Senior Communications Manager
Wiley Rein Election Law Lawyers Keep Pennsylvania Issue Ad on the Air
On Friday, November 2, Wiley Rein Election Law attorneys and Caleb P. Burns beat back an effort by the Pennsylvania Attorney General and Commonwealth Secretary to force a client's issue ad off the air.
The ad, sponsored by the , said that a Pennsylvania judge had a record of being tough but fair in dealing with criminals and asked viewers to sign an on-line petition thanking her. The judge was running for election to the Pennsylvania Supreme Court, but the ad did not mention the election or identify the judge as a candidate.
Wiley Rein previously had obtained a federal court ruling that Pennsylvania's law did not restrict such ads unless they contained explicit words that expressly advocated the election or defeat of a clearly identified candidate. The Pennsylvania authorities brought suit in Commonwealth Court, arguing that standard should not be strictly applied and that the ad's request for "thanks," made just before an election, was the functional equivalent of advocating a vote. The state judge ruled that the Pennsylvania authorities had failed to make the clear showing necessary to obtain an injunction forbidding speech.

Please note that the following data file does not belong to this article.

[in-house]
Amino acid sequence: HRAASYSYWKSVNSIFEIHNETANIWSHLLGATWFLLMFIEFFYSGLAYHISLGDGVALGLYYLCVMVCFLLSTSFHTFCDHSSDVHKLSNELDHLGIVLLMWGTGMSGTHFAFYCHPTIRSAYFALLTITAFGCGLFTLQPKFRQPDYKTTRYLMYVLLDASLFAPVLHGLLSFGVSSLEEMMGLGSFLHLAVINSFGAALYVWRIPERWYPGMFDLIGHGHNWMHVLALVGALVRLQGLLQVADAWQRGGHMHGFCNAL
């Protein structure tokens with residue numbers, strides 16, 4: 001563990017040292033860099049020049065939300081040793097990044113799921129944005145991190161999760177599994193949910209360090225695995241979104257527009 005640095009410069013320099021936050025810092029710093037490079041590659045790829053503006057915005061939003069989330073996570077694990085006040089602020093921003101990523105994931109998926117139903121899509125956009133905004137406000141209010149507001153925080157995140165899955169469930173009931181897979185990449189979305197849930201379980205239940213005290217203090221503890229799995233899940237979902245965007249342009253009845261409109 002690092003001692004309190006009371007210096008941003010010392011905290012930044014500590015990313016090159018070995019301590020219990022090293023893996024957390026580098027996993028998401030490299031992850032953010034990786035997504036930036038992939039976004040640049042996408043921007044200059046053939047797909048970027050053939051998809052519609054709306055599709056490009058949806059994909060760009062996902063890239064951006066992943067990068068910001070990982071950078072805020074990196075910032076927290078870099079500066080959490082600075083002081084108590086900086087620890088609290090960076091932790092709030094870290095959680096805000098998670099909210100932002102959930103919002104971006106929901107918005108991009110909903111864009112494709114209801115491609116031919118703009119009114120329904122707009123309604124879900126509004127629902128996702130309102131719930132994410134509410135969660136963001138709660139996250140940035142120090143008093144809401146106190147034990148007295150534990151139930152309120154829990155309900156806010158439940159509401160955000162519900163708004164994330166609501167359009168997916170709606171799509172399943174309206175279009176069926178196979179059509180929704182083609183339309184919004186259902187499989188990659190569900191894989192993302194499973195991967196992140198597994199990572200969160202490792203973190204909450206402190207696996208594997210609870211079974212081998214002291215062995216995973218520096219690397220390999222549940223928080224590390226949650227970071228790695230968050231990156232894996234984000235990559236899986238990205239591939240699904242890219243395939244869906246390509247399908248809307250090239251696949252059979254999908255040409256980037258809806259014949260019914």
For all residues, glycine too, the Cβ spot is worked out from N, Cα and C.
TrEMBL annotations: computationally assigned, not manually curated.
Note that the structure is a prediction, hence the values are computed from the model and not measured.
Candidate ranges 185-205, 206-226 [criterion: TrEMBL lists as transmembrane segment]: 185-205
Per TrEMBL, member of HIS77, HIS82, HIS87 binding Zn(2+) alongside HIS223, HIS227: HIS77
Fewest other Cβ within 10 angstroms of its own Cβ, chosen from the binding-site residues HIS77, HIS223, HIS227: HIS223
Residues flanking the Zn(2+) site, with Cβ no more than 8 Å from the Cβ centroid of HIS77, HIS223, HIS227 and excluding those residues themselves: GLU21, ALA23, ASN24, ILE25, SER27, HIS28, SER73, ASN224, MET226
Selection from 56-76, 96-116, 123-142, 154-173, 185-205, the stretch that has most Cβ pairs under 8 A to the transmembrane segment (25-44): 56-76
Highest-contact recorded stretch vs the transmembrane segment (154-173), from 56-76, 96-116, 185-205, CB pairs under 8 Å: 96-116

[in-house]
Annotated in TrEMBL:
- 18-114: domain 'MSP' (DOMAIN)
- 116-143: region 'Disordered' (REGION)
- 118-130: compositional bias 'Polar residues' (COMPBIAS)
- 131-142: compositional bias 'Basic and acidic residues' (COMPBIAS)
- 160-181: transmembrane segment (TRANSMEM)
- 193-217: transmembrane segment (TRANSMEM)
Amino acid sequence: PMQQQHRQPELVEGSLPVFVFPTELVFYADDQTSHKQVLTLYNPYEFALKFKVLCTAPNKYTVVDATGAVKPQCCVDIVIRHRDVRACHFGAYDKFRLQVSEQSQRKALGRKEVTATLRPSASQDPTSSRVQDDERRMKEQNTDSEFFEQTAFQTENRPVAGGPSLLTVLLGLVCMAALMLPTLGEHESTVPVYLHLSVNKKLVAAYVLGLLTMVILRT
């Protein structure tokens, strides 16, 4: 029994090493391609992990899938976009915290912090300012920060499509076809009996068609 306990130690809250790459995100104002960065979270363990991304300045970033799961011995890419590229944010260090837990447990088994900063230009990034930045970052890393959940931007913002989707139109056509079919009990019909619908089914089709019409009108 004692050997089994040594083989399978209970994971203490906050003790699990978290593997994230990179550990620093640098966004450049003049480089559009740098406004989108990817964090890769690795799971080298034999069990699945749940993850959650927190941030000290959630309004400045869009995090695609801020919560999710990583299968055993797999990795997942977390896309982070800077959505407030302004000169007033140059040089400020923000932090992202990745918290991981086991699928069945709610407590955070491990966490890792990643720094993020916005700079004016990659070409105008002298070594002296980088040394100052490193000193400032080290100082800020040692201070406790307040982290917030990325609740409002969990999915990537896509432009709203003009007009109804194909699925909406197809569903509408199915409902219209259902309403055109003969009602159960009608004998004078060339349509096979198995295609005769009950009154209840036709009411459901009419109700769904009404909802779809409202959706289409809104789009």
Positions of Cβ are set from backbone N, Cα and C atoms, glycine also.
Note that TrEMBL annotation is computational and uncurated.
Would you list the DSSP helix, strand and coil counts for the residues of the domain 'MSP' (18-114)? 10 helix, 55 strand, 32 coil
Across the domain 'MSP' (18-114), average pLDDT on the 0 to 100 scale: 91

Before the state court hearing, Wiley Rein had filed papers with the federal court seeking further relief. The Center for Individual Freedom expects to pursue the federal case to make crystal clear its right to run similar issue ads in the future.
"The state court suit was doubly flawed," said Mr. Kirby. "First, the federal action established an objective bright-line standard to guide speakers that the state sought to change into a fuzzy subjective test. Second, under the First Amendment, no court has any business issuing a preliminary injunction forbidding speech on public issues and officers."